“If a court has no jurisdiction over the subject matter of the litigation, its judgments and orders, however certain and technically correct, are mere nullities and not only voidable, they are void and have no effect either as estoppel or otherwise, and may not only be set aside at any time by the court in which they are rendered, but be declared void by every court in which they may be presented. It is well established law that jurisdiction cannot be conferred on a court by consent of parties and any waiver or their part cannot make up for the lack of jurisdiction. “
Whether the Political Parties Disputes Tribunal was justified in striking out the affidavit of an advocate
PPDT struck out the affidavit sworn by Mr. Stephen Ombasa on 11th May 2017. The affidavit is found on pages 81 to 82 of the Record of Appeal. The basis for striking it out was that the facts in the affidavit were made in Mr. Ombasa’s capacity as an advocate. In striking out that affidavit PPDT relied on Kisya Investiments Ltd & another v. Kenya Finance Corporation Ltd Civil Case No. 3504 of 1993 where it was stated that advocates should not swear affidavits in relation to contentious matters. It was submitted for the Appellant that the provisions of Rule 9 of the Advocates (Practice) Rules provides that:
“No advocate may appear as such before any court or tribunal in any matter in which he has reason to believe that he may be required as a witness to give evidence, whether verbally or by declaration or affidavit; and if, while appearing in any matter, it becomes apparent that he will be required as a witness to give evidence whether verbally or declaration or affidavit, he shall not continue to appeal.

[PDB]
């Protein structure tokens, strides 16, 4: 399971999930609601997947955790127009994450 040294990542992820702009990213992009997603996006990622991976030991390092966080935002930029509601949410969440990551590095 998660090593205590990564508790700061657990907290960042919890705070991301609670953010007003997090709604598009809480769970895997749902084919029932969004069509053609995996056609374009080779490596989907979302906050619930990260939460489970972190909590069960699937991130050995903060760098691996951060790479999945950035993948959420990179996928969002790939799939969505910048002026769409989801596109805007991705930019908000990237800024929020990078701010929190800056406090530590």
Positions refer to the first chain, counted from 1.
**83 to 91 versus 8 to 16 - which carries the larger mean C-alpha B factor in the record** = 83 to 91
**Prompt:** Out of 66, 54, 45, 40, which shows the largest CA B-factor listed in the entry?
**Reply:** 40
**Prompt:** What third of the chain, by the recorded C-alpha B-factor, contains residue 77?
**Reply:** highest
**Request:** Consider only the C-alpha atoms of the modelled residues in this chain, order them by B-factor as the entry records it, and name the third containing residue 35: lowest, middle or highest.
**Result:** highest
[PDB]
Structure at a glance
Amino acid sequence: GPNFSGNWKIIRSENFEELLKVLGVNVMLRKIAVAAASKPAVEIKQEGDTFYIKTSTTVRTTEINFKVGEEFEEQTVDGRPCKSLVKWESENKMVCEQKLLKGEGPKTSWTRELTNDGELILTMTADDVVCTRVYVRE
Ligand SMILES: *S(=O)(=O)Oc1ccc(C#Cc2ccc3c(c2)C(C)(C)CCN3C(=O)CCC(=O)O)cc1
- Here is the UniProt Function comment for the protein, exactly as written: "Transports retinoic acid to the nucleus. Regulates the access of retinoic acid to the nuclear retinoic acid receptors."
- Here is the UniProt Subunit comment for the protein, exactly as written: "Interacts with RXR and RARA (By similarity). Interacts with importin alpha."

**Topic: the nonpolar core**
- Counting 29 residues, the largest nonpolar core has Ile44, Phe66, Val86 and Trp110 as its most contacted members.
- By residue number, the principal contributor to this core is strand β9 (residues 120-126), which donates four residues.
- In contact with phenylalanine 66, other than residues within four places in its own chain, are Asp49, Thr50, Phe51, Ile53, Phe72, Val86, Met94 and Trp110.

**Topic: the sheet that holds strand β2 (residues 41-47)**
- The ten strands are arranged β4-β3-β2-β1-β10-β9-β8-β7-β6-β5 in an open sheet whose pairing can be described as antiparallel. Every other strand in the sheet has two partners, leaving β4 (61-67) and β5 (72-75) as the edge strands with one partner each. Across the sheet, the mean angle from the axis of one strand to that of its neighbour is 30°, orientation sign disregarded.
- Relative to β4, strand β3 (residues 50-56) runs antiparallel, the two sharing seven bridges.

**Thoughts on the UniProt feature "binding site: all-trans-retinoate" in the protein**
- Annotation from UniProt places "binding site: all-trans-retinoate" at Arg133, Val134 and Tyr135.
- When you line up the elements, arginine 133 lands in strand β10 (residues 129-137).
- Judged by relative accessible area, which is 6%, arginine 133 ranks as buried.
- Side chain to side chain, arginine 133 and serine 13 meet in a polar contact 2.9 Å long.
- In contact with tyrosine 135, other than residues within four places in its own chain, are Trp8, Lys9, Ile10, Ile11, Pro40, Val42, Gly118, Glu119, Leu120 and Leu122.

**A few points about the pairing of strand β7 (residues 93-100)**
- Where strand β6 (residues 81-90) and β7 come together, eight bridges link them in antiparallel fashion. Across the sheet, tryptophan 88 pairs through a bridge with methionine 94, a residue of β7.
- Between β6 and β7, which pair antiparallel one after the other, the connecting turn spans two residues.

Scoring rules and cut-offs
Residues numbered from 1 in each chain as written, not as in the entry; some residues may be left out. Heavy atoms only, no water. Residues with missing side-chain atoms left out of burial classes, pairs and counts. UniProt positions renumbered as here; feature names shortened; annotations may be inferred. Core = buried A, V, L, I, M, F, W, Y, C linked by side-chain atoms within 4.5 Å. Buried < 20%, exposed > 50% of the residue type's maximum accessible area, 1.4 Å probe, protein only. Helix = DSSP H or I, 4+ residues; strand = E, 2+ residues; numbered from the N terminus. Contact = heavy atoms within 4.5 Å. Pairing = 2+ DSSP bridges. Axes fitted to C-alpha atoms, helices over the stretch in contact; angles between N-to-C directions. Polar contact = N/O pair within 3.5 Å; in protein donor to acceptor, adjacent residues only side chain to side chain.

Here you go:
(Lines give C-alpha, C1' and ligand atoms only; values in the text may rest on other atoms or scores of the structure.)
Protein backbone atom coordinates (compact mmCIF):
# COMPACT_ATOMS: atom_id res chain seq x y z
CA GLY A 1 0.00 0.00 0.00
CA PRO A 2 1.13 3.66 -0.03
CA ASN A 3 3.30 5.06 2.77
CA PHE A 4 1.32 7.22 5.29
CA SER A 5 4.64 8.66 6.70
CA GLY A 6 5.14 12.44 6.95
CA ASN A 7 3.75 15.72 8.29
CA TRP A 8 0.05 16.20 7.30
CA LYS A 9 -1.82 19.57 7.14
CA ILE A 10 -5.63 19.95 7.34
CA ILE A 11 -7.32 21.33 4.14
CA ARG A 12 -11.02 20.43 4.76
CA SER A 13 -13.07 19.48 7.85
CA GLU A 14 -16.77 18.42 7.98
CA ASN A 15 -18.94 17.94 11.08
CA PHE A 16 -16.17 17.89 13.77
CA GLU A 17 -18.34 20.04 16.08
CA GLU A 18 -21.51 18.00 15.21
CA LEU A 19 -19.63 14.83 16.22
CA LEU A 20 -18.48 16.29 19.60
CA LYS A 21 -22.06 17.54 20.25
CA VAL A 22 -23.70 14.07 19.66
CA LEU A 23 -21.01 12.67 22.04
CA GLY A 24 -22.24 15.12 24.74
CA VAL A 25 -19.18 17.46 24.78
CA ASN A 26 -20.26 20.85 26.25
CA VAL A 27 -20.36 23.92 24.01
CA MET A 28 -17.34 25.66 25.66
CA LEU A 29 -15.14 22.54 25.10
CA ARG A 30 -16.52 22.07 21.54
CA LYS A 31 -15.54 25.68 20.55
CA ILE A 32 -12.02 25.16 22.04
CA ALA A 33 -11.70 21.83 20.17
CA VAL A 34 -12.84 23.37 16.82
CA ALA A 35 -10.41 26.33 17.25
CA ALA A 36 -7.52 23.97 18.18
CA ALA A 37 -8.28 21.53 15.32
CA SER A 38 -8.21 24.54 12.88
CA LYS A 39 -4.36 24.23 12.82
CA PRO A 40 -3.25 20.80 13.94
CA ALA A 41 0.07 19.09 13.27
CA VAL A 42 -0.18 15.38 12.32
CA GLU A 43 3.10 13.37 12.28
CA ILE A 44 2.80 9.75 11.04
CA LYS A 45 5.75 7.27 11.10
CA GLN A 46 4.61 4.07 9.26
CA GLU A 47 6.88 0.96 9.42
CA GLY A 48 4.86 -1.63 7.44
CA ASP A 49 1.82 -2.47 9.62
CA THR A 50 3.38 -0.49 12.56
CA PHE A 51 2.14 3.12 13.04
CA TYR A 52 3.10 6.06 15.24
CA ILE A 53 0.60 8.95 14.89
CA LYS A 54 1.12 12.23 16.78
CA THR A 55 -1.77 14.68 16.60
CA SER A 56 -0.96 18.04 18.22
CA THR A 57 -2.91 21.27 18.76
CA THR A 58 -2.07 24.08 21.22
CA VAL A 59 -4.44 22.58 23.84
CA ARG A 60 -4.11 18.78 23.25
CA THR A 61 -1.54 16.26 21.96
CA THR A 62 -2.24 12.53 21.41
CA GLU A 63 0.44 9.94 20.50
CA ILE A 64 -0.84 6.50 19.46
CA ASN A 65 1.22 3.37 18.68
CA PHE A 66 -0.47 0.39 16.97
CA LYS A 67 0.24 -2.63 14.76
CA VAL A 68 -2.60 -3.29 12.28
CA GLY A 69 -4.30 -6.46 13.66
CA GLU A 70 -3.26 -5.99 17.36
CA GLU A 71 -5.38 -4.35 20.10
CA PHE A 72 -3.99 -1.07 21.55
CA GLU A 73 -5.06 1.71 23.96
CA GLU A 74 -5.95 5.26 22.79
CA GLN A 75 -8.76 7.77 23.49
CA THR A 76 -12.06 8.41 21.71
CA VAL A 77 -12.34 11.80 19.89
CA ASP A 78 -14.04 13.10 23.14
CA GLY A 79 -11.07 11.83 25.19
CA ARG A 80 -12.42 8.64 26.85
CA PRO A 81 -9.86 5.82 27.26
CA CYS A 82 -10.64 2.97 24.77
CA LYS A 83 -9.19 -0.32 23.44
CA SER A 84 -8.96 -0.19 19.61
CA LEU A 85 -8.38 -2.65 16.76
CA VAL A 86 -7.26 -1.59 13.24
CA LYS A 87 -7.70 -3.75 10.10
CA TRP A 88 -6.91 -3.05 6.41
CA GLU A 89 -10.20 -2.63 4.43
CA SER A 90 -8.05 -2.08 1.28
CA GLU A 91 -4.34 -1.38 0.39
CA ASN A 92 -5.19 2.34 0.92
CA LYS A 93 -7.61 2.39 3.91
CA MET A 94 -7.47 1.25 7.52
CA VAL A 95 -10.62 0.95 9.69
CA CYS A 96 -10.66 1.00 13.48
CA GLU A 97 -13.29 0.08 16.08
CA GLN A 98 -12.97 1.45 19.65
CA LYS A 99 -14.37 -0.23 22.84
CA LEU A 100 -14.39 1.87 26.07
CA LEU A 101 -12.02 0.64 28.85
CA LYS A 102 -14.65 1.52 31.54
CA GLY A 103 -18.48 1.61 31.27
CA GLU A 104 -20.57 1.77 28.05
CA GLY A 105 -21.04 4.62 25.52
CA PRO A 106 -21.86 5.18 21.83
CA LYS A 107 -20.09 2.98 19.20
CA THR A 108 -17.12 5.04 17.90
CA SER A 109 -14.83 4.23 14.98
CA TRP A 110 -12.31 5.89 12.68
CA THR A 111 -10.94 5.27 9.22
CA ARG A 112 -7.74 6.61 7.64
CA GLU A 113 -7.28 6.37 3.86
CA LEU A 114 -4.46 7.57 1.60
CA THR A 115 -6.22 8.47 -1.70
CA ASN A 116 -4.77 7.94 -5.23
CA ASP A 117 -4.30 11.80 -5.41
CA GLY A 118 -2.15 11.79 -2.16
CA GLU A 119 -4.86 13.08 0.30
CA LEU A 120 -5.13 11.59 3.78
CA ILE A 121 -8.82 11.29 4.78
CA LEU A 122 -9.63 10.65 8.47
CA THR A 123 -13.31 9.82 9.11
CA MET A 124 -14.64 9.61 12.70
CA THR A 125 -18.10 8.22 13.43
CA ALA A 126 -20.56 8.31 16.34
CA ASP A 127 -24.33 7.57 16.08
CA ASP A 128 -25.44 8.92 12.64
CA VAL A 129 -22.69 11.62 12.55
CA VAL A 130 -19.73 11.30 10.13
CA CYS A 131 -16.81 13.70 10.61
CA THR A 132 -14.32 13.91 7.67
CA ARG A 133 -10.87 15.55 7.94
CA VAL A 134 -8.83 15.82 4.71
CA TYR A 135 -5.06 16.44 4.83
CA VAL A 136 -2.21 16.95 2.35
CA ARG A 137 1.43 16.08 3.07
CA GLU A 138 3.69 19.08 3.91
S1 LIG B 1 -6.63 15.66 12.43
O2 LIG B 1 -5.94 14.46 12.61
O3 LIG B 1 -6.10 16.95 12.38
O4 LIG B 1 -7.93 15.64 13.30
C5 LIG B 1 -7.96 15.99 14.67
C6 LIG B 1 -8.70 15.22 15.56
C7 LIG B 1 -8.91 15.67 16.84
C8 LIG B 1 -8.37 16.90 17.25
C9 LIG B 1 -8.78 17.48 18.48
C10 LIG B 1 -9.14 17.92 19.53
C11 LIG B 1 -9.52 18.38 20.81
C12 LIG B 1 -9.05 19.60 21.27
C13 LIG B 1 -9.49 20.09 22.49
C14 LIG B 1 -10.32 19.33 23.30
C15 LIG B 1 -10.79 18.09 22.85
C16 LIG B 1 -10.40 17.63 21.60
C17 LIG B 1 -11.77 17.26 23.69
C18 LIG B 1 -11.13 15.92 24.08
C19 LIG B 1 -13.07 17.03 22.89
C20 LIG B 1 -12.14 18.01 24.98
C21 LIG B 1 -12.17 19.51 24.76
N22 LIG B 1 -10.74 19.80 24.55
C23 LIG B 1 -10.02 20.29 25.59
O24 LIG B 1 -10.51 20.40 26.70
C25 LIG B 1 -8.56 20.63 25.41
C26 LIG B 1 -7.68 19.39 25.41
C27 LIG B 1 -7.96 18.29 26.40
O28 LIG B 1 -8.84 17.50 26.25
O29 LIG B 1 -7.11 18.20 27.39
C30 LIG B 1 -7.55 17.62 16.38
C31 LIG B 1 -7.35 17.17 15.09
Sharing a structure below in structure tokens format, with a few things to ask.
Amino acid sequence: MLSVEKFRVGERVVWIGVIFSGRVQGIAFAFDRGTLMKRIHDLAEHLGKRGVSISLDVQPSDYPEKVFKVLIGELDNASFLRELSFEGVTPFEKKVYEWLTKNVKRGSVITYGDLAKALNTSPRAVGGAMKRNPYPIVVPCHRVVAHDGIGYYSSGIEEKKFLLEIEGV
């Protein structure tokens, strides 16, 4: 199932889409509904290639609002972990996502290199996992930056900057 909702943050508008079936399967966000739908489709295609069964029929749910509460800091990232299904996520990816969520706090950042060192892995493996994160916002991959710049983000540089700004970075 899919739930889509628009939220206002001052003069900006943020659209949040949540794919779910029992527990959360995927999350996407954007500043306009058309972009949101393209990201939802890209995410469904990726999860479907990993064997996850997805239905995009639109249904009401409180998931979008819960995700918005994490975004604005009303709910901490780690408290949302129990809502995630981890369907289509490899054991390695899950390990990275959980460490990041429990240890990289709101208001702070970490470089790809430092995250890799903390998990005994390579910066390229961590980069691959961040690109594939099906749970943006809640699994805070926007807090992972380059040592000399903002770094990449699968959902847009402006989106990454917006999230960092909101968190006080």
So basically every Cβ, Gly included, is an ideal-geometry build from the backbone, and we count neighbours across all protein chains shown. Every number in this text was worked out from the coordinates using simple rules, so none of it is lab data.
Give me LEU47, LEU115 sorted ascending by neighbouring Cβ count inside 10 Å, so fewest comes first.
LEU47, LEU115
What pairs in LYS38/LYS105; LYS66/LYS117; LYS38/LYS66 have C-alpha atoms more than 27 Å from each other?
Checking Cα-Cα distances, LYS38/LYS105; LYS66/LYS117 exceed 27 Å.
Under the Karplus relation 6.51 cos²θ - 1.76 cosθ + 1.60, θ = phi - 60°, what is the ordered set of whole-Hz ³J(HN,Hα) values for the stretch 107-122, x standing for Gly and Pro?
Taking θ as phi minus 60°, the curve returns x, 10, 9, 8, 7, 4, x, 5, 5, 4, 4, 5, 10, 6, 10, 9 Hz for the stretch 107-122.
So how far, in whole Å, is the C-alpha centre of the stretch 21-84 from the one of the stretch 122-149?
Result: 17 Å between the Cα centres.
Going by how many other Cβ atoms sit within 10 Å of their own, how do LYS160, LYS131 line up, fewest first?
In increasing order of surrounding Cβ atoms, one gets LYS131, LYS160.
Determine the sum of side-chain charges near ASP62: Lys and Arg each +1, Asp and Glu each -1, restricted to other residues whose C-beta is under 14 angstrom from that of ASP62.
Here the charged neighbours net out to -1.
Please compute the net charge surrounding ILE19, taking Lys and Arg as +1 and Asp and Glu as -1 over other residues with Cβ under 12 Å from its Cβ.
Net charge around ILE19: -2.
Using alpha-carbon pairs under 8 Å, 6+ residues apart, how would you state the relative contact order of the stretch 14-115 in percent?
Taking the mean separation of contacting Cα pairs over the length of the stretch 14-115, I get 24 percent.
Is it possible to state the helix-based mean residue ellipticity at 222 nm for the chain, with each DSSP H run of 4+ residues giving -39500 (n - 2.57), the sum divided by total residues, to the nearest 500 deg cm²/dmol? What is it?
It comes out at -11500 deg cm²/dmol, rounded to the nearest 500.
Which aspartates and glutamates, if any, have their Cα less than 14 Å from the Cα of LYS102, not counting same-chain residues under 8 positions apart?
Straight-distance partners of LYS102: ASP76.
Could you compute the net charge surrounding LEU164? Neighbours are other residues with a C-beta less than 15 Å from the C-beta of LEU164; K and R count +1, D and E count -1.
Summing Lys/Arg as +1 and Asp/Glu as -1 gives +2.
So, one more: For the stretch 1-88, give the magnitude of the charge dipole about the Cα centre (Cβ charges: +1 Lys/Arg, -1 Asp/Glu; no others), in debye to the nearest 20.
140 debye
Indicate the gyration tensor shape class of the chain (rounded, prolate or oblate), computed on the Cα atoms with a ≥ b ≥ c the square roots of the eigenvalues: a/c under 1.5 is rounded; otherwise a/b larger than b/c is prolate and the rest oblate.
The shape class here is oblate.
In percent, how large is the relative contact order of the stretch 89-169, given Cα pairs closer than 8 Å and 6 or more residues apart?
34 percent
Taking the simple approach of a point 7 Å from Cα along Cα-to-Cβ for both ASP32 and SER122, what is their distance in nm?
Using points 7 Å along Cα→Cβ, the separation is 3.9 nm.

Provided that this rule does not prevent an advocate from giving evidence whether verbally or by declaration or affidavit on formal or non-contentious matter of fact in which he acts or appears.”
Rule 9 cited above gives the exception to the rule. The issue is whether the affidavit sworn by Mr. Stephen Ombasa contained any contentious matter.
Without repeating every paragraph of that affidavit, it is noted that paragraphs 1, 2, and 3 contain information that repeats what transpired in the NAT. It is true the 1st Respondent filed a complaint before NAT. I have read that complaint and I found no contentious matters relating to the nomination results. What were contested were allegations of malpractices and irregularities. There is information that the 1st Respondent filed her Complaint before PPDT before the written ruling by NAT was issued. It is true that NAT made a ruling on the issues before it in writing and in that ruling it upheld the results of nomination. In paragraph 6 of the affidavit the deponent is stating the justification of the decision by NAT by that Tribunal. He then prays for dismissal of the Complaint with costs.